By Luis F. Perez | South Florida Sun-Sentinel
Deportation flights to Haiti resumed last week after a more than two-month halt, enraging activists and South Florida congressional leaders.
In September, U.S. Immigration and Customs Enforcement stopped deporting immigrants to Haiti in the wake of four tropical storms that ravaged the country. Advocates argued that the battered country couldn’t absorb returning countrymen as it dealt with storm damage.
“We fully expected to resume deportation flights when it was safe,” said Nicole Navas, an ICE spokeswoman. “And we made a determination that it was appropriate to resume deportation based on the conditions on the ground.”
Advocates say things are getting worse, not better. Schools are collapsing. Children are malnourished. The country’s infrastructure is obliterated, they said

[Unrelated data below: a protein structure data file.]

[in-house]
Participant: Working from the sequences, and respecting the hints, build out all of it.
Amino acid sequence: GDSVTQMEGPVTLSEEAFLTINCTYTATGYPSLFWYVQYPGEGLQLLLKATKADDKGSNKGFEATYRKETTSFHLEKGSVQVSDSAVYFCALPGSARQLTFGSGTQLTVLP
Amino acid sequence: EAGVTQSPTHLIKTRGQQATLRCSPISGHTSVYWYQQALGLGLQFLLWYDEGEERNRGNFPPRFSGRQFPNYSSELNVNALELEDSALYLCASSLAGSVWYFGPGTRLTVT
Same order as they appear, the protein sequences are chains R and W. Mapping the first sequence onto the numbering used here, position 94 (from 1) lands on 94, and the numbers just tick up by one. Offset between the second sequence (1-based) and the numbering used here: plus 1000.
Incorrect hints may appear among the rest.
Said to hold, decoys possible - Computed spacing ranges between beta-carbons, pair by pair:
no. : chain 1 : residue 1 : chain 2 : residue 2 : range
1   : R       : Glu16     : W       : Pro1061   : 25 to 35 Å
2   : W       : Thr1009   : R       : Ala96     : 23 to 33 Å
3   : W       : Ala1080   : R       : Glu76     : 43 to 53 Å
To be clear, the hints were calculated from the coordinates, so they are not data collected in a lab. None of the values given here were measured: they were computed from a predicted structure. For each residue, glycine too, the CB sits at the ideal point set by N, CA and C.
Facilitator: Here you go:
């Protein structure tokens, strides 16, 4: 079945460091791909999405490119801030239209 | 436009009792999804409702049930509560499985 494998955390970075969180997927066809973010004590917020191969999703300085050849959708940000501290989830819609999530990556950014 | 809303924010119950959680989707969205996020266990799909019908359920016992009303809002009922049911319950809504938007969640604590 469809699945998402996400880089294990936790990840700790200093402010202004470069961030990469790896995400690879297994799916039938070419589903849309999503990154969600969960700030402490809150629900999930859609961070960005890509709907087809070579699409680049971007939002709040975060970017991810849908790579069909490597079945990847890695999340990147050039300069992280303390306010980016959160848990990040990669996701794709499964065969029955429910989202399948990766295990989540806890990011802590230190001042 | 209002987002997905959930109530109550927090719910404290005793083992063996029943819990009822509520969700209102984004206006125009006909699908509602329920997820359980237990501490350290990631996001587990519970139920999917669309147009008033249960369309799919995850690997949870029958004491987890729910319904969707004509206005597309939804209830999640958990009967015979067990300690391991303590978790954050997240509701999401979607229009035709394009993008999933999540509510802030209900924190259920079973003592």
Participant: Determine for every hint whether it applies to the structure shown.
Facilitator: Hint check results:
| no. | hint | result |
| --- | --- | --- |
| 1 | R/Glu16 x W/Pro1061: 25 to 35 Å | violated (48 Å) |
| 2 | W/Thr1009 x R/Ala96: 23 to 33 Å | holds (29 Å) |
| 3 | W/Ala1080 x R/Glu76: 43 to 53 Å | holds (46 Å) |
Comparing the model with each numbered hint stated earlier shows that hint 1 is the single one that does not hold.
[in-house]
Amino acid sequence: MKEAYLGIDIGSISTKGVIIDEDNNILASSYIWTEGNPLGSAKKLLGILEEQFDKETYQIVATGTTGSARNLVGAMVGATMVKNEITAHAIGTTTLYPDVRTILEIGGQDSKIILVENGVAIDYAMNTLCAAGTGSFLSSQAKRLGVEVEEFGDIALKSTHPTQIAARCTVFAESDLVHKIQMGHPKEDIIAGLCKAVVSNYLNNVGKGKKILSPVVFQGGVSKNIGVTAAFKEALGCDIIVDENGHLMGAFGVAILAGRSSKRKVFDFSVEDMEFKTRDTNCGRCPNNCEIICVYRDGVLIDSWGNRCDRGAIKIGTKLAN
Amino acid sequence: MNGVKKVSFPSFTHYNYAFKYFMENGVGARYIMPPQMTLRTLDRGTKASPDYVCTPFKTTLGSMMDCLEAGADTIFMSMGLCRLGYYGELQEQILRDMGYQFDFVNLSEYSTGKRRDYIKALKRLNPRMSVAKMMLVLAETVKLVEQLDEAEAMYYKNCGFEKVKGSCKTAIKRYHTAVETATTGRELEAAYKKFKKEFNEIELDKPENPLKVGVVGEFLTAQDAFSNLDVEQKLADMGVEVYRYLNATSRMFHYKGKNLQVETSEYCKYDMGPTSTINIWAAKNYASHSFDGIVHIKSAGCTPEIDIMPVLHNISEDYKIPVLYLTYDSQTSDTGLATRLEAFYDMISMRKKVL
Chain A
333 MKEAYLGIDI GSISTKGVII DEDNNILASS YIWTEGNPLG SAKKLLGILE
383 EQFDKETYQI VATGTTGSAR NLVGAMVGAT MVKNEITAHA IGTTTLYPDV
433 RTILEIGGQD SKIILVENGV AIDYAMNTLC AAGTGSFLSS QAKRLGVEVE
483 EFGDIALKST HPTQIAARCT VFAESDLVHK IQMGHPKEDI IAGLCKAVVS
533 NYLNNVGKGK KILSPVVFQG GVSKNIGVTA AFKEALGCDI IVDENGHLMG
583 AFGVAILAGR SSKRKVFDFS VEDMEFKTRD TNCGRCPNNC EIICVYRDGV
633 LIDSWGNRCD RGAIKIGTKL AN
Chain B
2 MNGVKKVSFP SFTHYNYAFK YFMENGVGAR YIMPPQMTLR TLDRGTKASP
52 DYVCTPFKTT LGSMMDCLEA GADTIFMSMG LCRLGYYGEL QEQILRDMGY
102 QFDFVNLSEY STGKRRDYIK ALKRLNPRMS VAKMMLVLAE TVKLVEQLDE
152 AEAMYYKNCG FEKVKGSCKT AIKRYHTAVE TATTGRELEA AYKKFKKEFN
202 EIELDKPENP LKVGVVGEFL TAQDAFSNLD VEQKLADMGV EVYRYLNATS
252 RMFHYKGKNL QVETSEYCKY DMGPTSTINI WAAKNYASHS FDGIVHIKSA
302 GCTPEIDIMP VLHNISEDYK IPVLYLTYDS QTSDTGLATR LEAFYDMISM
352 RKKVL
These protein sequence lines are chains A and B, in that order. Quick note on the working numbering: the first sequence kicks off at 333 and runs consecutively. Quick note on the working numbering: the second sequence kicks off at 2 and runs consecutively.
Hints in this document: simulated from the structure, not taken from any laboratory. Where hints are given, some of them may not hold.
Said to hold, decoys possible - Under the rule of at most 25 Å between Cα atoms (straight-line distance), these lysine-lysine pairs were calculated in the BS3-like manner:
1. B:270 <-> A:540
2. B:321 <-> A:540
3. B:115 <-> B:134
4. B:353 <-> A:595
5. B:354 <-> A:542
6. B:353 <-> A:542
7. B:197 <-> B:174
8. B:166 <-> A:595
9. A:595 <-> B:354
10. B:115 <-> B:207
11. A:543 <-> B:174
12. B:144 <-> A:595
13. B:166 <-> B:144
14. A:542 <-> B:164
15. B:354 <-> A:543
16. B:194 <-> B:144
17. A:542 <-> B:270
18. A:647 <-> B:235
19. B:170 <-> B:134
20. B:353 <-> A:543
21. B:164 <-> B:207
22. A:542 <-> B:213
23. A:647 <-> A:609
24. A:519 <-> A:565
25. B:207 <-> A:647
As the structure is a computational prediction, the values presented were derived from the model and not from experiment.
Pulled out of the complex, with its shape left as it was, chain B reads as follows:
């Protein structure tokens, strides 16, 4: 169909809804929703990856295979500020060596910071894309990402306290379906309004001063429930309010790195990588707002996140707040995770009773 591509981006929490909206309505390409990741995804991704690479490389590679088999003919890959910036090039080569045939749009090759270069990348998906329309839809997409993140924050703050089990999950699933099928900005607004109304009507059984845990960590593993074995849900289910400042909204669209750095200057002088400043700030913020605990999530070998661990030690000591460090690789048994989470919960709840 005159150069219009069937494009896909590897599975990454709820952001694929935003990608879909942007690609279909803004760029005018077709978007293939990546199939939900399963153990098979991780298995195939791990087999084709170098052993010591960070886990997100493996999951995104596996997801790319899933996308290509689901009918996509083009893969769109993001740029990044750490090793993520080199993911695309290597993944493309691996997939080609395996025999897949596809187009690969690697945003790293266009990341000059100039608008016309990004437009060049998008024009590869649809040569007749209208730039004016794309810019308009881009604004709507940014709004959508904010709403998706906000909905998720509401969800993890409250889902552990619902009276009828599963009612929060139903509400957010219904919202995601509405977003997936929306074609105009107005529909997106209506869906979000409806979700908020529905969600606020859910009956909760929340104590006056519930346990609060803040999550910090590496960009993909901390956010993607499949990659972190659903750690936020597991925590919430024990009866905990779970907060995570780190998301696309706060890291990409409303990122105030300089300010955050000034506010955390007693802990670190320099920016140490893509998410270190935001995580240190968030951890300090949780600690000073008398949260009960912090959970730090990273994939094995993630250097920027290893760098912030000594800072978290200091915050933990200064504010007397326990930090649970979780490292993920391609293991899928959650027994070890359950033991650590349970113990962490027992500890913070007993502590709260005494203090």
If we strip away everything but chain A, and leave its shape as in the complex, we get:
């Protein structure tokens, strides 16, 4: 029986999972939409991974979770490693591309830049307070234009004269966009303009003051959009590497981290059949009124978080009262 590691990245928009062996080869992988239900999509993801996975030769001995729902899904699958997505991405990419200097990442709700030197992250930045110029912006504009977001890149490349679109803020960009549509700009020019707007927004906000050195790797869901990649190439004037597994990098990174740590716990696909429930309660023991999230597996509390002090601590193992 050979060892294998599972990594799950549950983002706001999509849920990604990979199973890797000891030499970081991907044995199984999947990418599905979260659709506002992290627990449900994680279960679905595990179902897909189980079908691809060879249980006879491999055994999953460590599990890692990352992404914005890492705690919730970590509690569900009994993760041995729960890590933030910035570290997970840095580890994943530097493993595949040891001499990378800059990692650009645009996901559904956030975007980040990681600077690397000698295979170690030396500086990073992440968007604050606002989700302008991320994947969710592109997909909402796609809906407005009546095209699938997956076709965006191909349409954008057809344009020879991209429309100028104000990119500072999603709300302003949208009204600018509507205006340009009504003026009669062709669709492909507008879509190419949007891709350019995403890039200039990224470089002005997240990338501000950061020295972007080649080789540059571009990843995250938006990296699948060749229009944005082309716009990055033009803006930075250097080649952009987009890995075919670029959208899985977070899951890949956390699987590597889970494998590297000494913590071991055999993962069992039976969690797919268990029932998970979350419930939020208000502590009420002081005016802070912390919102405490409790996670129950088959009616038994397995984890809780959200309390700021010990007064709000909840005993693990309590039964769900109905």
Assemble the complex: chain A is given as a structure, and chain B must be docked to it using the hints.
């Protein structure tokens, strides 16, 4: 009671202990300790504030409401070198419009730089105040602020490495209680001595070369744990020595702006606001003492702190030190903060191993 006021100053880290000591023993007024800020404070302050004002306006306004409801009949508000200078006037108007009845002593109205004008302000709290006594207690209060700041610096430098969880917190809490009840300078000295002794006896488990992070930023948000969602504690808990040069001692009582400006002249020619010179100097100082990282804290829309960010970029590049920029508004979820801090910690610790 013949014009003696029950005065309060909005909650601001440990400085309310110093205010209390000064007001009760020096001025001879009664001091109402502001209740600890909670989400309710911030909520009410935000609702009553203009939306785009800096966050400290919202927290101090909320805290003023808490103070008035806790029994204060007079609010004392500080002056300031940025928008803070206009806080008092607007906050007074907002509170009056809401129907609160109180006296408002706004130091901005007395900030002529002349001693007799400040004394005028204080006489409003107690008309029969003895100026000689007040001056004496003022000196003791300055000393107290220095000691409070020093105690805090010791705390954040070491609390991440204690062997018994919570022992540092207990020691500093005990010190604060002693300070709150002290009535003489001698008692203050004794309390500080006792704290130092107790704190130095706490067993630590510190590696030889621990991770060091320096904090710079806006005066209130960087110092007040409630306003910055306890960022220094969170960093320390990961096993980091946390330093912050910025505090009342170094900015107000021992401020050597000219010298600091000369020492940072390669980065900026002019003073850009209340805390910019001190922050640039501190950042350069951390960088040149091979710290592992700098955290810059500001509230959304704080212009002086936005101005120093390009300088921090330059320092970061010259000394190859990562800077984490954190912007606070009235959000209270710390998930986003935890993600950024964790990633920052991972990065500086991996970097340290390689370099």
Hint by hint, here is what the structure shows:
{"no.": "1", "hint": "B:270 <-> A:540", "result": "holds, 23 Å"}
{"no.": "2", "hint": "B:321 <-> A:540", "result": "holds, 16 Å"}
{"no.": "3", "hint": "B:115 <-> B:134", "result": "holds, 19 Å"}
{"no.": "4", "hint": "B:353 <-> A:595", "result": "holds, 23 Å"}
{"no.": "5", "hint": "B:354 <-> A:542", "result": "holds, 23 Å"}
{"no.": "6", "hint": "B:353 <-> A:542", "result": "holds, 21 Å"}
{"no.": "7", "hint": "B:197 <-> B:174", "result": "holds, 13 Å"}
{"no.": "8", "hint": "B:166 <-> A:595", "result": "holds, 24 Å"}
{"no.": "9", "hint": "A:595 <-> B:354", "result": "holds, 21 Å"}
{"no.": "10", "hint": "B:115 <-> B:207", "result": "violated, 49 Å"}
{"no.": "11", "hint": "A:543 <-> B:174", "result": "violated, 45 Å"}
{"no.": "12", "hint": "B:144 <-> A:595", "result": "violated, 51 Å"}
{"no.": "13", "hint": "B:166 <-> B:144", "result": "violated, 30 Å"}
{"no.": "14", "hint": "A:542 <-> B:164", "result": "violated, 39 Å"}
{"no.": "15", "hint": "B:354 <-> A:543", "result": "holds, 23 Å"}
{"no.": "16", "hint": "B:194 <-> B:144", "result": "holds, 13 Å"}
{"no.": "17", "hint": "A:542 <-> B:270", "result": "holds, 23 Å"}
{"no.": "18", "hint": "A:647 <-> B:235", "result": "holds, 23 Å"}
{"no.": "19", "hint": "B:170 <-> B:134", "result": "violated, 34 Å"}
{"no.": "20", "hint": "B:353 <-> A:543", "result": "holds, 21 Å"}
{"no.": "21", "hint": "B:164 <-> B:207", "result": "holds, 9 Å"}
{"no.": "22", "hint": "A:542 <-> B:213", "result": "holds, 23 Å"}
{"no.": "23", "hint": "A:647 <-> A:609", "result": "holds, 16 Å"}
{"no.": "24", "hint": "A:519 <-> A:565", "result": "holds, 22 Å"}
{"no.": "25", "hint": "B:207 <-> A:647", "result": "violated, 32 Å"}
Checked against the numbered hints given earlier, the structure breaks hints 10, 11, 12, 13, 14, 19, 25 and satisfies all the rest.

“After dealing with this administration on Haitian issues for eight years, I’m forced to conclude that its policy toward Haiti is based on racism,” said Randy McGrorty, director of Catholic Charities Legal Services for the Archdiocese of Miami.
“It shocking. People are starving in Haiti. This callous disregard for human life is inexplicable.”
In a joint prepared statement, U.S. Representatives Alcee Hastings, D-Miramar, and Robert Wexler, D-, called the decision to start deportation again “short-sighted and inhumane.”
“Many deported Haitians simply have no communities to return to,” they said. “It is disappointing that the Bush Administration would even consider sending people back to this incredibly fragile nation.”
McGrorty said advocates plan to meet Wednesday to talk about how they may again stop the deportations.